Phish | Niagra Falls '95 | Review

After the grand way the band has been performing the last few years, we can sometimes forget how much Phish used to dominate the 90s live music scene.  By the winter of 1995 the band was still performing slightly under the radar and these four musical wizards were summoning magic on-stage nightly.  The band is currently in the midst of an excellent fall tour, and with another winter looming has offered up an archival release from that distinguished period, this being from their December 7th 1995 show at the Niagara Falls Convention Center in Niagara Falls, New York. 

The performance marked the only visit the band has ever made to the border city, and while the temperatures outside the venue were absolutely frigid the music inside was simply scorching.  Phish were positively on fire from start to finish that night, and this full-show release provides a great snapshot of the band as they were becoming extremely comfortable moving on from playing in small theaters to large arenas, proving that they were becoming a musical force with which to be reckoned.

As usual the sound captured by then recording engineer Paul Languedoc (and mastered by Fred Kevorkian) is amazing.  Never one to short change their fans the group has complemented the CDs with one of the evening’s sound checked tunes (a delightful, slowed-down and countrified version of “Poor Heart”), a download code to receive MP3s of the show, and some choice video snippets of the show as well.

This concert was ripe with highlights, and particular attention must be paid to certain selections set by set.  The first half of the performance opened with a sterling run of “The Old Home Place”, “The Curtain”, and “AC/DC Bag”.  The transition from “Curtain” into “AC/DC Bag” was smooth and seamless, and as Trey belted out “let’s get this show on the road” you can tell he meant it.  This version kept building and building to a fantastic climax, and must be considered as one of the best renditions of that era.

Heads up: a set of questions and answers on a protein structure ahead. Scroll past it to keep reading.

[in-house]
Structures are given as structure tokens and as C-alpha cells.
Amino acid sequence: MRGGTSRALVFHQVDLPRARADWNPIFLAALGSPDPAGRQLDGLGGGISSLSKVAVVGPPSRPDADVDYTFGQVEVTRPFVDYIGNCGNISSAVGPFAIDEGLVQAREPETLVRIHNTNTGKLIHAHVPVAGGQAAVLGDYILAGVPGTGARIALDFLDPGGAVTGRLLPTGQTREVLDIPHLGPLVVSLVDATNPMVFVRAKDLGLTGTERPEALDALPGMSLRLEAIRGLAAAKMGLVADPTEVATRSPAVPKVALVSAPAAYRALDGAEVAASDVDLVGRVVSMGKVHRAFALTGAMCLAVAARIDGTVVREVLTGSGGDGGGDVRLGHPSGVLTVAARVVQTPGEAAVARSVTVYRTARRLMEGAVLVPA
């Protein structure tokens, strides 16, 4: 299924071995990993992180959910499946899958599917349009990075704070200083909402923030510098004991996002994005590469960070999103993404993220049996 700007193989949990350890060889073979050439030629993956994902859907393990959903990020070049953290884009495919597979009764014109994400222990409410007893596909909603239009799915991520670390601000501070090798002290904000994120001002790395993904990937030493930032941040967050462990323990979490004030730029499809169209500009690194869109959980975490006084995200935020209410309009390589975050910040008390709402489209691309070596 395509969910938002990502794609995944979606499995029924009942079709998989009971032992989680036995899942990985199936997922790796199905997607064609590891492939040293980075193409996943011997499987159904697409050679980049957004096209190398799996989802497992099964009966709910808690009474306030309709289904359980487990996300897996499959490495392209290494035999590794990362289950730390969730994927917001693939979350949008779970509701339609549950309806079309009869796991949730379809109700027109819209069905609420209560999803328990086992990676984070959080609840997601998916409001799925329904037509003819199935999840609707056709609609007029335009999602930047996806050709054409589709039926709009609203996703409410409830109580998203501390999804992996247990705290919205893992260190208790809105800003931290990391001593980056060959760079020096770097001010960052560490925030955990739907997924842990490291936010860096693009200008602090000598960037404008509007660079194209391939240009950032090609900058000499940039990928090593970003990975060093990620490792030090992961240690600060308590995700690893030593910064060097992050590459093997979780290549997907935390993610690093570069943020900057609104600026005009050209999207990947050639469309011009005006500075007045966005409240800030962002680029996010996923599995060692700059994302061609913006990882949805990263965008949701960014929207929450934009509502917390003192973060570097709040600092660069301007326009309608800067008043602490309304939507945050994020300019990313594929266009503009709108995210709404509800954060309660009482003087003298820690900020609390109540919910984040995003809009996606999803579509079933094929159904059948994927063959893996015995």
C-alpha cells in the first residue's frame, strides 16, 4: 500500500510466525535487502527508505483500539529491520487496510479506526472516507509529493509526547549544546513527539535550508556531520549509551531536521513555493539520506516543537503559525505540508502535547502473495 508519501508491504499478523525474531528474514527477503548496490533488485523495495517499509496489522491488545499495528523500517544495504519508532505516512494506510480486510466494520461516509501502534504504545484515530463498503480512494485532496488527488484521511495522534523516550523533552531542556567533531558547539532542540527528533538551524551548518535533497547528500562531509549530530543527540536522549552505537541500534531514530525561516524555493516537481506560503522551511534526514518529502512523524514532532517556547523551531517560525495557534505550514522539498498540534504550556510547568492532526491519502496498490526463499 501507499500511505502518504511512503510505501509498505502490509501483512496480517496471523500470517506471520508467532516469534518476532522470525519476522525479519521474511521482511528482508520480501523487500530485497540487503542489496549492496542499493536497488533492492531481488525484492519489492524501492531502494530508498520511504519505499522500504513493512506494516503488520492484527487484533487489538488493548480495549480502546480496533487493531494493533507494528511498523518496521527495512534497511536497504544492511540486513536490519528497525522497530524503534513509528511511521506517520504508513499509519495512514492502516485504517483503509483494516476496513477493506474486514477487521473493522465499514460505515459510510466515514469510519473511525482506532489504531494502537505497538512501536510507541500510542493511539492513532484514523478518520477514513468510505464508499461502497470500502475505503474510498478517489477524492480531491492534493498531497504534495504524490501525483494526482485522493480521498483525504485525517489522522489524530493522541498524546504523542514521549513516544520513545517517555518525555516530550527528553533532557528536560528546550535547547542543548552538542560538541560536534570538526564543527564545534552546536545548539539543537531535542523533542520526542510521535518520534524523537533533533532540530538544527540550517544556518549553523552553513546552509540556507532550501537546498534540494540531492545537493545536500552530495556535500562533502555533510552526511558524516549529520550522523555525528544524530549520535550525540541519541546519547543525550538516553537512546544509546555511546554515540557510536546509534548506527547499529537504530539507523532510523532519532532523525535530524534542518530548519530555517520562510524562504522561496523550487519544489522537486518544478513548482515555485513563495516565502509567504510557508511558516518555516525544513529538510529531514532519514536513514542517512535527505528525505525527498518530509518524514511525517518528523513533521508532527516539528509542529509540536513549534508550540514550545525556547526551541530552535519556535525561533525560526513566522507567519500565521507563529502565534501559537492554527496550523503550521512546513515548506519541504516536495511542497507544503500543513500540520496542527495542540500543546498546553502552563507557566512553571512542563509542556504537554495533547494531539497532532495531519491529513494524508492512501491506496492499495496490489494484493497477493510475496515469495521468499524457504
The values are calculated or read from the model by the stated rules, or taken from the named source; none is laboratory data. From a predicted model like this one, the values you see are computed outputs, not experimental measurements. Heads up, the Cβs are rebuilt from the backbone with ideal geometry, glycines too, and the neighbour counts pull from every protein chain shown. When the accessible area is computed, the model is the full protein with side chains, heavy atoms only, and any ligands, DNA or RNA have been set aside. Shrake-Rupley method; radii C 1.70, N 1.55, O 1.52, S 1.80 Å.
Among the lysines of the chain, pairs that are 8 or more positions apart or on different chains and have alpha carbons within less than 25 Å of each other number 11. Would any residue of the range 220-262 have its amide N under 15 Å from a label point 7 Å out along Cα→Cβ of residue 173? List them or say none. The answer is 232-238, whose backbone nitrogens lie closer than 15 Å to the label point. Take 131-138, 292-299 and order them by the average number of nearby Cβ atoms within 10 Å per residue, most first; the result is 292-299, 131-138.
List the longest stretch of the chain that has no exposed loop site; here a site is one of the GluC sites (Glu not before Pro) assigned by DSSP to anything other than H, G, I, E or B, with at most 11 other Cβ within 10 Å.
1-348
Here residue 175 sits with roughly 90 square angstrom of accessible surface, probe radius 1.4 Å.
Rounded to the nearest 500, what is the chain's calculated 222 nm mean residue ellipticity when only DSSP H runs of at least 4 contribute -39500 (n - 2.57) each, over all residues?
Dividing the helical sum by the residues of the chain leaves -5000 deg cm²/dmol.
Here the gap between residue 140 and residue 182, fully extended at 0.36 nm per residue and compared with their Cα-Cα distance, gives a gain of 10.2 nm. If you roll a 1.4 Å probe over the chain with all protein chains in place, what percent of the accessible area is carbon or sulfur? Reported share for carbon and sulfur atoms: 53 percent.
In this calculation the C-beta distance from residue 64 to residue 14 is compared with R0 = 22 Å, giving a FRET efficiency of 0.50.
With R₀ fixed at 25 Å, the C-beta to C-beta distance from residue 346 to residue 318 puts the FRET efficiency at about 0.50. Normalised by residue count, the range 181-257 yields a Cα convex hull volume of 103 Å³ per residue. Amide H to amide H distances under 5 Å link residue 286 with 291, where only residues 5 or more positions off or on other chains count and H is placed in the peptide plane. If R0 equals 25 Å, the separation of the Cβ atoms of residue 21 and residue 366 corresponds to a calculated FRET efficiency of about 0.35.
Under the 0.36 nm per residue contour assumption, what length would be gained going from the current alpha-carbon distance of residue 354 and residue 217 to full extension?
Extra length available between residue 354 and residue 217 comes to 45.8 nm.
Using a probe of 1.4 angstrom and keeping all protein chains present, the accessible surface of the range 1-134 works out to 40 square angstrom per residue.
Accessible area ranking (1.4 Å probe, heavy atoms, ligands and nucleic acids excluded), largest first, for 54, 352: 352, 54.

Other first set peaks include a soaring, tension-and-release filled “Slave to the Traffic Light”, the enigmatic prog-rocker “Guyute”, as well as a great version of the classic live staple “Possum”.

The second set of the evening would prove to be even more intense, complete with long and winding improvisational jams during most of the songs.  After the obligatory “Audience Chess Move” popular during the ’95 tour, the band laid down a whopping 17-minute “Split Open and Melt”.  The jam section was experimental, maniacal, and out-of-this-world to say the least.  Prepare to get your weird on listening to this beast, but as Alec Baldwin’s iconic character Jack Donaghy (30 Rock) once quipped, “it’s a good weird...like going to the gym, drunk”.

The incendiary jams continued with a super-charged “Reba” that was full of peaks and valleys (hold on for the ride, you might want to buckle up for this one), a rollicking “Julius”, and an ensuing “Mike’s Song>Weekapaug Groove” that went on a 31-minute voyage to space and beyond.

Nothing was typical about this pairing;  “Weekapaug” did not end on its usual landing pad, and there was no filler between the bread (not even “I Am Hydrogen”) though they demonstrated to be meaty enough on their own.  This version of “Mike’s Song” is fast and furious, and although the transition into “Weekapaug” was a little sloppy it nevertheless gave birth to a wildly enthusiastic jam.  The ethereal groove skyrocketed into the stratosphere before it eventually faded out like a shooting star.

When all was said and done, the band had essentially bookended the night with bluegrass covers (“The Old Home Place” opener and “Uncle Pen” encore, respectively), concluded both sets with barbershop flair (“Hello My Baby” and “Amazing Grace”), and straight up commanded the other songs around them.  An unforgettable performance is an understatement.

After 30 years together the band is still playing light-outs most every night during their tours, and though their sound and song selection are different today than 18 years ago they continue to push the boundaries of what a live band can do.  The fact they are still performing regularly, all the while consistently releasing great sounding classic shows like this one, make this an amazing time to be a Phish fan.

Niagara Falls 1995 is available for pre-order now at Phish Dry Goods, and will be available for purchase on November 12th in stores as well as via download at livephish.com

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